February 10, 2017
form & concept, Santa Fe
The Women’s International Study Center (WISC) and form + concept gallery collaborated to present a lecture by Chad Alligood, curator at the Crystal Bridges Museum of American Art (yes, Alice Walton’s museum in Bentonville, Arkansas, which has turned out to be quite a remarkable institution). Thanks to WISC’s fellowship program, Alligood was able do a residency in Santa Fe while he studied the early (and under-researched) minimalist works of Judy Chicago. On February 10, Alligood gave a presentation on his discoveries to a capacity crowd at the gallery.
According to their website, WISC “advances the work and study of women in the arts, sciences, cultural preservation, and business and philanthropy…” It does this through its Fellows-in-Residence program at the Acequia Madre house in buildings adjacent to the main house, a 5,400 square-foot edifice completed in 1926 by, fittingly, three generations of accomplished Santa Fe women whom poet Charles Fletcher Lummis called the “three wise women”: Eva Scott Fenyes, her daughter Leonora S. M. Curtin, and granddaughter Leonora F. Curtin, also known by her married name, Mrs. Yrjo Paloheimo.
Alligood’s presentation represents the first in a series of investigations on Chicago’s career—which will be compiled into a monograph that will feature thirteen writers who explore a different era or aspect of the artist’s career. Alligood’s is to be the introductory essay. The monograph will be published and distributed by the National Museum of Women in the Arts in Washington, D.C.
Of course, Judy Chicago’s is an iconic name in the rapidly shifting art history of the second half of the twentieth century, as it moved from the rowdy machismo of the New York School to Donald Judd and company’s coolly masculine Minimalism. Chicago’s Dinner Party (1974-1979) now takes pride of place in its permanent home in the Elizabeth A. Sackler Center for Feminist Art at the Brooklyn Museum, where it has been since 2007. The artwork tells the story of, as Chicago likes to put it, the women who cook and clean up after Thanksgiving dinner—women whose names were nearly lost to history until she and her fellow researchers found them in libraries and other documents. Remember, if you will, that before the 1980s, art-history textbooks did not include women artists in them. As Chicago recalls, women simply weren’t accepted as artists; she was the exception that proved the rule.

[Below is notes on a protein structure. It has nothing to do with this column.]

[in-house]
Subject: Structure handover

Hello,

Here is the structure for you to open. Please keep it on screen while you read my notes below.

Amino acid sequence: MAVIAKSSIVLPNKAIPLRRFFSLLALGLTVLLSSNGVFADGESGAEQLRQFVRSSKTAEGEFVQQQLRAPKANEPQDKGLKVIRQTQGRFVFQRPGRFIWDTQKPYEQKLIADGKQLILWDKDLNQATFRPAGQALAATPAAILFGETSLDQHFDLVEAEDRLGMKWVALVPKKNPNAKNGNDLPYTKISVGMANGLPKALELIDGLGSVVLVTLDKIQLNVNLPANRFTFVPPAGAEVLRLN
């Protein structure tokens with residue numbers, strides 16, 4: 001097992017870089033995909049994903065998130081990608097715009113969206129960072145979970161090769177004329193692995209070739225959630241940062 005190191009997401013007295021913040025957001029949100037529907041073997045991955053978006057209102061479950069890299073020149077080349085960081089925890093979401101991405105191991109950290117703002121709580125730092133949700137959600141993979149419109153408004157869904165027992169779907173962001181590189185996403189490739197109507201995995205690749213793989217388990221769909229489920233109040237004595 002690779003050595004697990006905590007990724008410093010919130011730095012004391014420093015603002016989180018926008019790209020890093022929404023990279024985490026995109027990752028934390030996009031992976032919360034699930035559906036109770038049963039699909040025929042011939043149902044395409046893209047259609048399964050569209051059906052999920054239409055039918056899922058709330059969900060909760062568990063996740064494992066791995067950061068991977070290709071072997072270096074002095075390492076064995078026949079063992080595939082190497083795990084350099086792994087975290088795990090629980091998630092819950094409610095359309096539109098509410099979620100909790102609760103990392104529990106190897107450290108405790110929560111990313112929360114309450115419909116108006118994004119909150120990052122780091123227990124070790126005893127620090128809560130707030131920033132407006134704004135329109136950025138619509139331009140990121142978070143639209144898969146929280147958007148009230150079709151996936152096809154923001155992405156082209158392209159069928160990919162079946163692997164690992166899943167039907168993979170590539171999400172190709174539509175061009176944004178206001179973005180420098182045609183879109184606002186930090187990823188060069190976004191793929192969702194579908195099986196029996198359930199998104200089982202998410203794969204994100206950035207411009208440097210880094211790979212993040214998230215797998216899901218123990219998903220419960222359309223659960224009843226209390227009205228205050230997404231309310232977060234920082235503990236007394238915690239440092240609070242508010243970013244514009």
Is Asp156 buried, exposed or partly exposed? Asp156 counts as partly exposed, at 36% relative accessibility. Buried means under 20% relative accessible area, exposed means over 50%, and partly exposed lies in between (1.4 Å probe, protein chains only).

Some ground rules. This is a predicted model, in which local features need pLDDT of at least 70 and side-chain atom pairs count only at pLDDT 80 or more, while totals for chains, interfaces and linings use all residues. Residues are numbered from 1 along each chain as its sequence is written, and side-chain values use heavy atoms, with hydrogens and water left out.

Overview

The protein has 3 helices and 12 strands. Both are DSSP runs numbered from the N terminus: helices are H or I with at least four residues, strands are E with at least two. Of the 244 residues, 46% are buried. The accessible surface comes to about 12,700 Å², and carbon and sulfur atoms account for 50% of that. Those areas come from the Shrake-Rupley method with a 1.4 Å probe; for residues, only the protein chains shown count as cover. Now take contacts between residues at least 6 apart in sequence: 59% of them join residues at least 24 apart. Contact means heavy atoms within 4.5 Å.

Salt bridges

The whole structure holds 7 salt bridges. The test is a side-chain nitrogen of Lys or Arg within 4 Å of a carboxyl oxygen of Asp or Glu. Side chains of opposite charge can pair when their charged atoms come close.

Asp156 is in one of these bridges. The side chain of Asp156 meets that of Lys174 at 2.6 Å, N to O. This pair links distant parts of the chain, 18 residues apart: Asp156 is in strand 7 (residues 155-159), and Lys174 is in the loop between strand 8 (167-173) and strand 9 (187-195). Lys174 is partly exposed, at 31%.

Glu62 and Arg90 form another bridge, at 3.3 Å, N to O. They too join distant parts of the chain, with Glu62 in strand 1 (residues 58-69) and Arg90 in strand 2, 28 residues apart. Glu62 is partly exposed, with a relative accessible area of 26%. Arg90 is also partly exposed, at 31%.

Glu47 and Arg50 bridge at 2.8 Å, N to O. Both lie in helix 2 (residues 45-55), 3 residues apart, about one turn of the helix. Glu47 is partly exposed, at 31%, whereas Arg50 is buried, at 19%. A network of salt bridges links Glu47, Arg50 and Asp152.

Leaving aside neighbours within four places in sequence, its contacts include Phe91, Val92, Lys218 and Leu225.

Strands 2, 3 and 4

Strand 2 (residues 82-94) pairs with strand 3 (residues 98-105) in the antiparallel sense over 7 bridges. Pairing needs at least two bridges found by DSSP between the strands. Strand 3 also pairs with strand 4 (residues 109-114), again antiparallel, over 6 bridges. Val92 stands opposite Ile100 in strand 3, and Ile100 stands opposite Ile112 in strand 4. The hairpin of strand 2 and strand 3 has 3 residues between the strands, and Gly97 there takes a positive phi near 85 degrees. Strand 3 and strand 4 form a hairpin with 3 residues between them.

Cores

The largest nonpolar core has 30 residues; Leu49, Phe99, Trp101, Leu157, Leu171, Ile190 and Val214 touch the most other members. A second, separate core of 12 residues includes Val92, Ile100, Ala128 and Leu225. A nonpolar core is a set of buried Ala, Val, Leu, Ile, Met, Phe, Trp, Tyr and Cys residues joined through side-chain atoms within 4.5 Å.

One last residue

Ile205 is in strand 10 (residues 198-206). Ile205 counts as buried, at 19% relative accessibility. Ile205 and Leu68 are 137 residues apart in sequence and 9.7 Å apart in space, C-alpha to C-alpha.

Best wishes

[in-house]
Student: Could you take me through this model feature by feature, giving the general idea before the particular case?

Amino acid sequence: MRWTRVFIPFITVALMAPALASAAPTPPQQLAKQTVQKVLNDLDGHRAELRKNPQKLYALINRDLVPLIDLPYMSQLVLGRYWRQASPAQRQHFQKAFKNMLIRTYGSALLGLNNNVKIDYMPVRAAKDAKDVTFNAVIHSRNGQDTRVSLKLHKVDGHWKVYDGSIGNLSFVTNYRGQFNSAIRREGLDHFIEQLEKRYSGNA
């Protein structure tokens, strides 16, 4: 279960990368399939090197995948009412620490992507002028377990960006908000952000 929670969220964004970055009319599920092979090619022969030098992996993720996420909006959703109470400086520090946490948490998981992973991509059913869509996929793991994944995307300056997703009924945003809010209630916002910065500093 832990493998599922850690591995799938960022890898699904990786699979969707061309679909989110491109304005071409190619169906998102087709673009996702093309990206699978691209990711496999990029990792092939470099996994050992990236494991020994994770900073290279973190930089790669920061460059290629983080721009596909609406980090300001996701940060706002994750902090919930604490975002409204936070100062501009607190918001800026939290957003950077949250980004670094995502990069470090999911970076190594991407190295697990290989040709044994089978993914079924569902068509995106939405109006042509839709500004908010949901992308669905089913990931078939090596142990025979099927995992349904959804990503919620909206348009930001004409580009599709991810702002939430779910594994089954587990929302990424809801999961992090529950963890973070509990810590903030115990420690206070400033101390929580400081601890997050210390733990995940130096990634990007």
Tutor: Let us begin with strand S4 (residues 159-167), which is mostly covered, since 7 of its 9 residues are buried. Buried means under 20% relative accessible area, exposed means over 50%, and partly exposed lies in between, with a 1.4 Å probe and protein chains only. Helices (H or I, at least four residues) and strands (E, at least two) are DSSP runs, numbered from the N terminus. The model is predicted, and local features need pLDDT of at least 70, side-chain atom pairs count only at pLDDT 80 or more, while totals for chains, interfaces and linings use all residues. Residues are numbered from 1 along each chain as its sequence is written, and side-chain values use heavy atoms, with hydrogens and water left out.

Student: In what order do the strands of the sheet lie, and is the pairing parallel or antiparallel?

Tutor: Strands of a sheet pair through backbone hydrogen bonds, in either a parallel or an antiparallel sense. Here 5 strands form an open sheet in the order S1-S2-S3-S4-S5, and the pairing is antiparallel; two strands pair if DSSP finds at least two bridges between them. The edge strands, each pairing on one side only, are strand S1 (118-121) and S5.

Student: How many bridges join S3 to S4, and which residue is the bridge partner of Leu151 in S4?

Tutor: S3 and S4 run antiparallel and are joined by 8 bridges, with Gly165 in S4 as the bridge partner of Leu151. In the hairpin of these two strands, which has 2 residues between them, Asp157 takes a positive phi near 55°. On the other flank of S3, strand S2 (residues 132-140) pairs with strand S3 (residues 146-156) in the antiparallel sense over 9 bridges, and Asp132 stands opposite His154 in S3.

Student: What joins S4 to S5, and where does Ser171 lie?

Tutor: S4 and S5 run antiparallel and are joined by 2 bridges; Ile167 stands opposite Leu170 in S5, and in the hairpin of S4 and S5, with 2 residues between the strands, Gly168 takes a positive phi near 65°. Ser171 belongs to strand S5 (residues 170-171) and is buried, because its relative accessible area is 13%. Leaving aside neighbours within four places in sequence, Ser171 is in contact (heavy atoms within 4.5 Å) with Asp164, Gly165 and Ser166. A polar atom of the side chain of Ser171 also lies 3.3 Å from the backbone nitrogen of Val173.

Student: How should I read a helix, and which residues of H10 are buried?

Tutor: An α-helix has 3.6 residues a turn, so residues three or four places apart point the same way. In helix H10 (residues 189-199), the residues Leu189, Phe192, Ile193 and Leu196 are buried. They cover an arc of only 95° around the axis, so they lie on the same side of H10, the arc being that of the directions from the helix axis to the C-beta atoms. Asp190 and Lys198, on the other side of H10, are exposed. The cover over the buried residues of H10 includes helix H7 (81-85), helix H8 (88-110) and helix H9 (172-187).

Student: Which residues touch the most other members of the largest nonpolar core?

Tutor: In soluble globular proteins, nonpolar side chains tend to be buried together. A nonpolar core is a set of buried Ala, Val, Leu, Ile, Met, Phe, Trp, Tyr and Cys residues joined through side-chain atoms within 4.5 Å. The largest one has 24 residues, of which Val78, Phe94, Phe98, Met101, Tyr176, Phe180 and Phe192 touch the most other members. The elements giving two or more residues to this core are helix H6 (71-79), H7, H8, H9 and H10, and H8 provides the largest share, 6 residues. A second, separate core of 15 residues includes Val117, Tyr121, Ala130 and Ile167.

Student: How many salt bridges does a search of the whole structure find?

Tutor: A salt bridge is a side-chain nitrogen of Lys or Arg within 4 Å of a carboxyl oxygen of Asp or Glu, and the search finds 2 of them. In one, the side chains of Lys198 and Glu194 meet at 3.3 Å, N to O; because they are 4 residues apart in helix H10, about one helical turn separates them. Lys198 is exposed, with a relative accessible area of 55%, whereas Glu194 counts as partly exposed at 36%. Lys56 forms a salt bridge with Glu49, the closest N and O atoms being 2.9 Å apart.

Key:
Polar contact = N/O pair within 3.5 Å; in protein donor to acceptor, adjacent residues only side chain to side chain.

The artwork tells the story of, as Chicago likes to put it, the women who cook and clean up after Thanksgiving dinner—women whose names were nearly lost to history until she and her fellow researchers found them in libraries and other documents.
Before making the celebrated Dinner Party, however, Chicago worked as a Minimalist of sorts. The movement, noted Alligood, was “an art of negation” “seen through the eyes of a man,” minus any personal expression, especially as formulated by Donald Judd in the early ’60s. In amusing succession, Alligood showed images of Carl André’s Lever, likening it to the “male organ” except that it was presented on the floor. From Judd’s stacks to the phallic shapes of other Minimalists, says Alligood, their art was reduced to “a long extension meant to be handled.” Dan Flavin’s neon installations were positioned in a line that was “a diagonal of personal ecstasy.” Need we go on?
Chicago moved through the testosterone jungle that was the art world in the mid-twentieth century by incorporating into her work her own biomorphic and ephemeral forms. Her Minimalism lost credibility with the men when she infused it with color—“sensate, physical, and emotive,” she says—as opposed to the monotones of male Minimalism. The pastels of her Rainbow Pickett must have truly alarmed her male cohorts; it remains one of my favorite pieces by Chicago. (Originally made in 1965, the artist destroyed it to deflect storage costs; it was reconstructed in 2004 for an exhibition, A Minimal Future? Art as Object, 1958-1968, at the Los Angeles MoCA.) I was lucky enough to have encountered a version of this show at LewAllen Contemporary in Santa Fe in 2004, a show I continue to find meaningful. By the end of the ’60s, according to the artist, she was “tired of being a man in drag” and began exploring forms that could be considered feminine in essence, including her “donut” and “cunt” forms. The Dinner Party would soon follow, and history was made.